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American Robin Turdus migratorius Camden State Park Minnesota May 18, 2016
Faith and I went for a hike at Camden State Park. We were searching for the Rose Breasted Grosbeak but we didn't find it this day. Instead we got some great video of this American Robin and some other birds too. I hope you enjoy the video and some information from the Sibley Bird Book below.
Large and conspicuous, this species is one of the most familiar birds. It is commonly seen on grassy lawns but is found in many habitats from tundra to forests, often in large flocks in winter.
Large and sturdy, with long legs and fairly long tail; plain orange breast and grayish back distinctive in all plumages.
Wingbeats smooth, flicking; short glides with wings held close to body.
Robinlike Songs: American Robin sings in a pattern of several short, warbled phrases, followed by a pause and then another set of phrases, and so on. This song pattern is shared in varying degrees by many other species of birds, and references to “robinlike songs” are frequent. Songs most often compared to robins include those of the Red-eyed Vireo group, tanagers, Rose-breasted (Pheucticus) grosbeaks, and some orioles.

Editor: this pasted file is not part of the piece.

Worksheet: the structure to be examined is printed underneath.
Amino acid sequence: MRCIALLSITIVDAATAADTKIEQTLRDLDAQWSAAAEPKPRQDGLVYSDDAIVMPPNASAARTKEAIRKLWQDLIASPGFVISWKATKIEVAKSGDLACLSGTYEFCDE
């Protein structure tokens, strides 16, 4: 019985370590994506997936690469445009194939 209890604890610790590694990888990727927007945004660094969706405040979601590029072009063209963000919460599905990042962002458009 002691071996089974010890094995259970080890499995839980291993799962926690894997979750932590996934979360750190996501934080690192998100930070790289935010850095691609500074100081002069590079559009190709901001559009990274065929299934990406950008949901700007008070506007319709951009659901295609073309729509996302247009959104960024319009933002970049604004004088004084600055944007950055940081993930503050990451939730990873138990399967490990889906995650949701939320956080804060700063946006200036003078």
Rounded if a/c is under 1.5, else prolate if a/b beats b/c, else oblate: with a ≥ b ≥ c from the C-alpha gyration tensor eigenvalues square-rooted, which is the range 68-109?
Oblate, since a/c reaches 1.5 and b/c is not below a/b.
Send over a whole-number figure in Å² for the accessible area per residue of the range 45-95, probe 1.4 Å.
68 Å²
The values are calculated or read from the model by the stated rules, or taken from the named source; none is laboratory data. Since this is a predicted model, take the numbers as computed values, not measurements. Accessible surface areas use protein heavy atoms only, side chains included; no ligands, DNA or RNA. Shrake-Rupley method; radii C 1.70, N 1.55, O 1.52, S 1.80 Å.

Voice: Song a series of low whistled phrases with liquid quality typical of thruses; each phrase delivered rather quickly but with long pauses between phrases; often two or three phrase alternately repeated over and over plurrri, kliwi, plurrri, kliwi. . . . Call varies from a low mellow pup or a sharp, clucking, often double piik to a sharper, rapid, urgent series kli quiquiquiqui koo; also a lower, softer puk puk pukand a harsh, high, descending shheerr. Flight call a very high, trilled, descending srreel; often combined with other calls such as srreel puk puk puk. Alarm like other thruses: a very high, thin tseeew or shorter seew.
Geographic variation is limited and clinal. Most Western populations average paler and drabber than Eastern and nearly lack white corners on the tail. Breeders of Atlantic Canada are richly colored with extensive black on nape and mantle. Western birds have very limited white tail corners.
Sibley, D. A. The Sibley Guide to Birds. New York City: Chanticleer Press, Inc. (2000): 403.